Hundreds gathered outside of the Pittsburgh City-County Building in the freezing rain on Saturday for the fourth annual Women's March. Attendees heard from several political candidates, mostly women, running for elected office this year and then marched from the City-County Building to Market Square.
Many of the speakers offered similar messages: More women need to be elected to state office; the state needs to provide more fairness for women and the LGBTQ community; and more legislative seats in Pennsylvania need to be flipped from red to blue.
Among candidates speaking was Christina Hartman, who is one of several Democrats running for state Auditor General.
"We are spending a lot of tax dollars on our schools and yet they're still in poor condition, that just doesn't add up," said Hartman, of Lancaster. "Women are still getting paid significantly less than men, especially women of color and that also doesn't add up."
Hartman said there currently aren't any women elected to statewide office, and that there needs to be more representation.
Some candidates spoke on women's reproductive rights, including Dan Smith, an openly gay man running against state Rep. Daryl Metcalfe, a hardline conservative from Butler County who has often outraged the LGBTQ community and others in the past.
"Daryl Metcalfe has been constantly putting women's issues and reproductive rights on the block every term in Pennsylvania, and I've had enough," Smith said. "Those people in the legislature have no reason whatsoever to tell women what to do with their bodies, just as they have no reason to tell who I should love or don't love."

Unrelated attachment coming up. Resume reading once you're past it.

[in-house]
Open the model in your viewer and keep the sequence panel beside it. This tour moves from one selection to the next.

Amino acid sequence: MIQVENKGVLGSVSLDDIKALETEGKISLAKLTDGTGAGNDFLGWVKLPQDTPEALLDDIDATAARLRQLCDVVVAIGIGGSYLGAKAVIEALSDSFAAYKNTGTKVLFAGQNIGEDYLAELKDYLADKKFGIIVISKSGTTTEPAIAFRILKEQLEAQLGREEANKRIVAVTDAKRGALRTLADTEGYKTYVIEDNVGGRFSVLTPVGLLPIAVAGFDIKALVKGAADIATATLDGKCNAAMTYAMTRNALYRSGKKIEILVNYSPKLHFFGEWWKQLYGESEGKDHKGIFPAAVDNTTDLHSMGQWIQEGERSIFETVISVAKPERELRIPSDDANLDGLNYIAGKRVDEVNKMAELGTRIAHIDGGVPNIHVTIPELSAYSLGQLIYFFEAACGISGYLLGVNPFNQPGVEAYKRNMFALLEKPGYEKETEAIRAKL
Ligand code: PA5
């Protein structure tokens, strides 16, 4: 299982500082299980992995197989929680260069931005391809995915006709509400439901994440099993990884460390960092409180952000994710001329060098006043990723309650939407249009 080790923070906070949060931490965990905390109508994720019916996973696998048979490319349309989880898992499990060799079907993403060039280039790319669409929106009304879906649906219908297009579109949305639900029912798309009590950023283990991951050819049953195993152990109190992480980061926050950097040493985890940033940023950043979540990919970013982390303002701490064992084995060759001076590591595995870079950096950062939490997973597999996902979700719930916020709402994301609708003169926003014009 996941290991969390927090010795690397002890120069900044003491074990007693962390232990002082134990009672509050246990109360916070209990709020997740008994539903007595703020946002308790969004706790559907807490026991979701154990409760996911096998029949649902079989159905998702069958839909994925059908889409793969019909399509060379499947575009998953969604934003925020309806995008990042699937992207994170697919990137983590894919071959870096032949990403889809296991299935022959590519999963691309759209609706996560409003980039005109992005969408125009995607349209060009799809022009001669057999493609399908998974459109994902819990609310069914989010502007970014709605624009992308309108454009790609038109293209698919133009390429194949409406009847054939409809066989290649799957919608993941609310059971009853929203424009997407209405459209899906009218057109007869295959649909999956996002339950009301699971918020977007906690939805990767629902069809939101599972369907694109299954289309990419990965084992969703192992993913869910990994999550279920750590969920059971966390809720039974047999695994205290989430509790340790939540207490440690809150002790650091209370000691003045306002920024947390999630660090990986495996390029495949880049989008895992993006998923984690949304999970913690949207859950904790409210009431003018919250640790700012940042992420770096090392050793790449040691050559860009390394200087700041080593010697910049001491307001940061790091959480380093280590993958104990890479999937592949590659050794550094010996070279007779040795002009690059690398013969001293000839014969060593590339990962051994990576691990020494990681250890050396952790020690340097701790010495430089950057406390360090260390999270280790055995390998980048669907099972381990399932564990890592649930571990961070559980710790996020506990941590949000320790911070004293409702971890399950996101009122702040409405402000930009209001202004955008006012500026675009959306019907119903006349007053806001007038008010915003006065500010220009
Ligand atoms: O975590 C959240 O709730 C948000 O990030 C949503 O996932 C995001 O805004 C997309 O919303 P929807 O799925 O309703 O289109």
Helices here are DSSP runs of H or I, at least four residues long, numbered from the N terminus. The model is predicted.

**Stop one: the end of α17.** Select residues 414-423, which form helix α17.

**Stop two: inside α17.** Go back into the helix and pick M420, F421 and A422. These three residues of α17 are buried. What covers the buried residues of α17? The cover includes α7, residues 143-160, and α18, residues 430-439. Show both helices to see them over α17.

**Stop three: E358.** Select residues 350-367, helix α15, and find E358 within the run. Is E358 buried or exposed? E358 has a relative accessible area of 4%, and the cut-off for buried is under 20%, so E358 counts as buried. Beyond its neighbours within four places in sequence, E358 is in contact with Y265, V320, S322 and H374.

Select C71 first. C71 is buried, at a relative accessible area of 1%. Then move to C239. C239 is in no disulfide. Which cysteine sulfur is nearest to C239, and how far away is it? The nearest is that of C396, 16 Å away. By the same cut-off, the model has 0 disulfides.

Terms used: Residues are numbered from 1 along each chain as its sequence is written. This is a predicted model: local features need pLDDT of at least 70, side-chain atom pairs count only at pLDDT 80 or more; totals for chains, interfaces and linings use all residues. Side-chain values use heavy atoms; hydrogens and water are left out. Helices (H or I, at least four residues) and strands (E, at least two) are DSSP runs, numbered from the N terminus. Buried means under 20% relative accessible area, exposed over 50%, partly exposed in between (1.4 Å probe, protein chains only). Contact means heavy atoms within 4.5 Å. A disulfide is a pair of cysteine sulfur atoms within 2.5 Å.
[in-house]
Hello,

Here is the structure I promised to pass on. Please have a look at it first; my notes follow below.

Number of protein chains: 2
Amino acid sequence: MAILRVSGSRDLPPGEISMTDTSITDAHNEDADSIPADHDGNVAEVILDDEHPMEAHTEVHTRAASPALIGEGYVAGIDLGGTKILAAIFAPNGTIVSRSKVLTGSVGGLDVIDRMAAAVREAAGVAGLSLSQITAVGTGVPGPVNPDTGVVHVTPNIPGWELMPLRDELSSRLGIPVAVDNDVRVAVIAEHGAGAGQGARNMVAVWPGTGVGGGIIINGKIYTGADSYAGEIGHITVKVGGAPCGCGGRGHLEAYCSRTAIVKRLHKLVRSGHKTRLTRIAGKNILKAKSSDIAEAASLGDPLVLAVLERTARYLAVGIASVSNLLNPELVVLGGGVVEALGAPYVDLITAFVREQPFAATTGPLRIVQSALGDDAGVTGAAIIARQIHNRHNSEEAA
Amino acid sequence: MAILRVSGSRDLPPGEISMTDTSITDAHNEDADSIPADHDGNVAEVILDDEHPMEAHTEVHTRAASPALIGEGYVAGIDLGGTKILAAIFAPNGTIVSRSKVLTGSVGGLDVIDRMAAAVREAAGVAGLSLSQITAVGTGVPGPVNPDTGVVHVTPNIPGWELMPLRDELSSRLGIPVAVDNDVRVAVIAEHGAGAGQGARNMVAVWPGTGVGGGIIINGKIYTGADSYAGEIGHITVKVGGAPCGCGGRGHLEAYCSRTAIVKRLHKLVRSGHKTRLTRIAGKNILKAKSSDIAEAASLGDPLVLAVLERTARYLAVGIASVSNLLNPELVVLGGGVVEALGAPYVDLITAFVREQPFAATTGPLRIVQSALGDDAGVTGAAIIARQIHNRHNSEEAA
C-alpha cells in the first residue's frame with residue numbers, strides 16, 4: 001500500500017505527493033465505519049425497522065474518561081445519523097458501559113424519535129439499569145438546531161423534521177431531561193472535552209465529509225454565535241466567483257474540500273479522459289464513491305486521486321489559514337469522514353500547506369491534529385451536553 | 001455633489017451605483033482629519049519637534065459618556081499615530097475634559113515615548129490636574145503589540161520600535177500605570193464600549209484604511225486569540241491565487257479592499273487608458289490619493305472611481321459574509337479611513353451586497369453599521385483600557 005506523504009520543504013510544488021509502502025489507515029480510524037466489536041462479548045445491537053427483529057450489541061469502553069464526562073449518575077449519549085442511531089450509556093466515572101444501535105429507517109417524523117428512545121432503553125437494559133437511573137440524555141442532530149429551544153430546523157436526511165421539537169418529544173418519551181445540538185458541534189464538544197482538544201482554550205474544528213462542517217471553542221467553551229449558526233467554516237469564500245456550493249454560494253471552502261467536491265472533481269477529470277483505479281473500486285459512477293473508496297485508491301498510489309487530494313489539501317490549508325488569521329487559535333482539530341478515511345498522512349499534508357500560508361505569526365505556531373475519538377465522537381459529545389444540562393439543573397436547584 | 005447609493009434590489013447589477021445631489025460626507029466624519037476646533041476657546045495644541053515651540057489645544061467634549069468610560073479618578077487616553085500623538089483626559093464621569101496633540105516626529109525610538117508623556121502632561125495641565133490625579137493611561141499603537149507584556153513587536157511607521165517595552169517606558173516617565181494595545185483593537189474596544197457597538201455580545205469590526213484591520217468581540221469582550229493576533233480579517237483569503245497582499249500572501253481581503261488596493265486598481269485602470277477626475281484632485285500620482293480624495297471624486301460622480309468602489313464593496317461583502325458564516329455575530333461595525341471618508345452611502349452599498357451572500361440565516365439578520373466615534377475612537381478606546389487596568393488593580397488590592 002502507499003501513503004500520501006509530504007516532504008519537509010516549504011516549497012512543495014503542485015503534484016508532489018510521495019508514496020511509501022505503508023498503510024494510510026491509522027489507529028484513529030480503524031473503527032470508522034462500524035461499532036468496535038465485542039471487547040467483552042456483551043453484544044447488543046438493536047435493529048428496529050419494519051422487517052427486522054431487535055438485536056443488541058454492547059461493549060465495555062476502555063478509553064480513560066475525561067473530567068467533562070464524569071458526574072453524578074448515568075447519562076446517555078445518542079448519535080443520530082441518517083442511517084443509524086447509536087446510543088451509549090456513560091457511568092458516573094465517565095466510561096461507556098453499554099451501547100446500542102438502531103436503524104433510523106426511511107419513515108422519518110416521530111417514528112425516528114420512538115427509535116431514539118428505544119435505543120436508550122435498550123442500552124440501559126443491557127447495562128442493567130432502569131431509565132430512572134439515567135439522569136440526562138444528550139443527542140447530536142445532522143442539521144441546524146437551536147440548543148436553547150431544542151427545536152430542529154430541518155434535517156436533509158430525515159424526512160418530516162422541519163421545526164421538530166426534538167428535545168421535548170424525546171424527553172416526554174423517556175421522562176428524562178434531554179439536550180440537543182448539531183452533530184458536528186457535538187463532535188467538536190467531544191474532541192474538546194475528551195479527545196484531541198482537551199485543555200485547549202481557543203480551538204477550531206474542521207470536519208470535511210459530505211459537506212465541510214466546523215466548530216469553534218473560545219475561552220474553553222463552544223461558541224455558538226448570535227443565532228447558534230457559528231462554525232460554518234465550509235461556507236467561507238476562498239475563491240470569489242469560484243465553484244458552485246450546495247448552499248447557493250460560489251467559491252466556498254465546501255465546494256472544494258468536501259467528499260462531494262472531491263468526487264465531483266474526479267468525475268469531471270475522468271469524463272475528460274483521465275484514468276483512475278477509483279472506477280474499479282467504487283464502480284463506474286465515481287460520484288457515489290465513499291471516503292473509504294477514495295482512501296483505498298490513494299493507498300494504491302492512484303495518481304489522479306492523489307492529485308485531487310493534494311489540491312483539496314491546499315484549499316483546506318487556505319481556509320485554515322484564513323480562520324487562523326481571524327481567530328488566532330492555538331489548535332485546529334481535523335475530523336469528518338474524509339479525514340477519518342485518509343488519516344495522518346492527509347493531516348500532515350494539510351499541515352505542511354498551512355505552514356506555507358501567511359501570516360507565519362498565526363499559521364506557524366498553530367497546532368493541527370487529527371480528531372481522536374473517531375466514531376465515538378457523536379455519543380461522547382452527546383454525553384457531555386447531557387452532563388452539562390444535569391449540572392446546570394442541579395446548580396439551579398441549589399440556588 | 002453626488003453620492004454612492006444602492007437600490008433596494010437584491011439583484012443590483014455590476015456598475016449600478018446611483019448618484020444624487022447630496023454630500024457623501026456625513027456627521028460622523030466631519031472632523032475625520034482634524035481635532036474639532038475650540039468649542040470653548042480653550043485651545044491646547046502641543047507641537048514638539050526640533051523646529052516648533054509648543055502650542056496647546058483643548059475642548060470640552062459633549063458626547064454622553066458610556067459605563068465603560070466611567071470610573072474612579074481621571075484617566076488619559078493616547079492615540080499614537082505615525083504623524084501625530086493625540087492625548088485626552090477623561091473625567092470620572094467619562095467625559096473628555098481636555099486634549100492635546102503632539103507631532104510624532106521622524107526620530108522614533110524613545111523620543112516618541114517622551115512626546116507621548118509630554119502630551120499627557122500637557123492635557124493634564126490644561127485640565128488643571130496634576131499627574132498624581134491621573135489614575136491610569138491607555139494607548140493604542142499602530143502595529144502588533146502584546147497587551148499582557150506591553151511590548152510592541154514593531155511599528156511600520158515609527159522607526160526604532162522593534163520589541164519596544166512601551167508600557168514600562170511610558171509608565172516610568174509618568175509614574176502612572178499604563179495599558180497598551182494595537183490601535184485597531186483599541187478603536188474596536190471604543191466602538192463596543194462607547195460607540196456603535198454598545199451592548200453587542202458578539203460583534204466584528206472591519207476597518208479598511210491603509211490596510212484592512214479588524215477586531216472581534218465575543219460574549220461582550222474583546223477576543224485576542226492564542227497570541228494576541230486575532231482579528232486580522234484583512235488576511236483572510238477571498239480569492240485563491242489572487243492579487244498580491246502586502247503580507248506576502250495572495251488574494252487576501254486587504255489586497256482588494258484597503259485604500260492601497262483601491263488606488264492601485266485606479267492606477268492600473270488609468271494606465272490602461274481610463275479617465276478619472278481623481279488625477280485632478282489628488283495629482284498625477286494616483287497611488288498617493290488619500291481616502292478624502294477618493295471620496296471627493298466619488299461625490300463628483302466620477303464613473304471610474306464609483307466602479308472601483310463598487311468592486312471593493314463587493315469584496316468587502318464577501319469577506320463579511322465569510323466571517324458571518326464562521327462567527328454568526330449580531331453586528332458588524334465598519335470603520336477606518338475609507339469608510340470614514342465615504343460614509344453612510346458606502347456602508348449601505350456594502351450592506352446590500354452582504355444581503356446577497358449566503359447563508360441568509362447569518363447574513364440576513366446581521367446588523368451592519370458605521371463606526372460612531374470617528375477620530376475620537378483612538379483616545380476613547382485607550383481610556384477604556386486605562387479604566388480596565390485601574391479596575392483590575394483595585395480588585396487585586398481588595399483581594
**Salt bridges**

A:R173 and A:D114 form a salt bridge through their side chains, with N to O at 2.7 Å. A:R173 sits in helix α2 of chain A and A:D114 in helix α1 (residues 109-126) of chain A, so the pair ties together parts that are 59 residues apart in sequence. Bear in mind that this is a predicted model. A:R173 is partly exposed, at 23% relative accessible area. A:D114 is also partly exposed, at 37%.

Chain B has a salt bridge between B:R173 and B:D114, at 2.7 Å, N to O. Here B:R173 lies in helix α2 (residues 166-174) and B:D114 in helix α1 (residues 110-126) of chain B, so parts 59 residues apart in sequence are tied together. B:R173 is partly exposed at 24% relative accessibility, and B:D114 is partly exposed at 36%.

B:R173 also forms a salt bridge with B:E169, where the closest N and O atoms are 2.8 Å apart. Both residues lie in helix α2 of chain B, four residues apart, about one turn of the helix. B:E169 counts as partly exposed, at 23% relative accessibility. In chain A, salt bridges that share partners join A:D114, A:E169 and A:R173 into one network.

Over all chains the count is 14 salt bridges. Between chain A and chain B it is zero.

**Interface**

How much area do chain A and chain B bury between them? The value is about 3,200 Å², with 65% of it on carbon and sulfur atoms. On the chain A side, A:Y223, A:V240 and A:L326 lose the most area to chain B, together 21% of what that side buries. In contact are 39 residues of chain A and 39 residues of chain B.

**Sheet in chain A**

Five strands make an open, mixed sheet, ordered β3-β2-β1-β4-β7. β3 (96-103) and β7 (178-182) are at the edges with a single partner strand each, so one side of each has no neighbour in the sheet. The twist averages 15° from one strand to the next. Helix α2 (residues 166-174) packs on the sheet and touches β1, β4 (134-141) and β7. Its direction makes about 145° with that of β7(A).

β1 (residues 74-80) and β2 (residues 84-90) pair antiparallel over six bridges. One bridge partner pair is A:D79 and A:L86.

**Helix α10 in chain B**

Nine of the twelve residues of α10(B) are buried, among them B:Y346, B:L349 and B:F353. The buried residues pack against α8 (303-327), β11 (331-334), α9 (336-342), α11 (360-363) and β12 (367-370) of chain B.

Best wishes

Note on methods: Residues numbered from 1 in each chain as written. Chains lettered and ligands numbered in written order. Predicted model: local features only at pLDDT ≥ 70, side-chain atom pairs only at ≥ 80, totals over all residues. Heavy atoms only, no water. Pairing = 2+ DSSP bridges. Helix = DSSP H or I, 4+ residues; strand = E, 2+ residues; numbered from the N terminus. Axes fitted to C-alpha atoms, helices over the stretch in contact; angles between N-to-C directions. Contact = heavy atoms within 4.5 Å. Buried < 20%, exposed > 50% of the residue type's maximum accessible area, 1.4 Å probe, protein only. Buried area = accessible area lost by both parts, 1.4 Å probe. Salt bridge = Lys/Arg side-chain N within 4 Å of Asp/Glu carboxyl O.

Similar marches were held all over the country Saturday, the fourth such event since 2017, when marches called for women to mobilize after the election of Donald Trump. The first rally was an early sign of years' worth of grassroots opposition to the President, who is now on the eve of an impeachment trial in the U.S. Senate. But some attendees also cited problems closer to home as a reason to attend, including a Gender Equity Commission report last year that revealed that Pittsburgh is one of America's least hospitable cities for black women.
Jarah Doose said the report was unsurprising.
"We've known for years that Pittsburgh is not the place for black women," she said. "But now that it's out in the open and people can't deny it, it's time for women to take that and run with it."
Keisha Holt said she believes the report reflected the frequent invisibility of the city's black community.
"I am originally from New York City and when I moved to Pittsburgh I wondered where all of the black people were," she said. "As many times as I went out with my co-workers, I'd find myself being the only black person. I think it's very important that we come here and find solidarity with each other."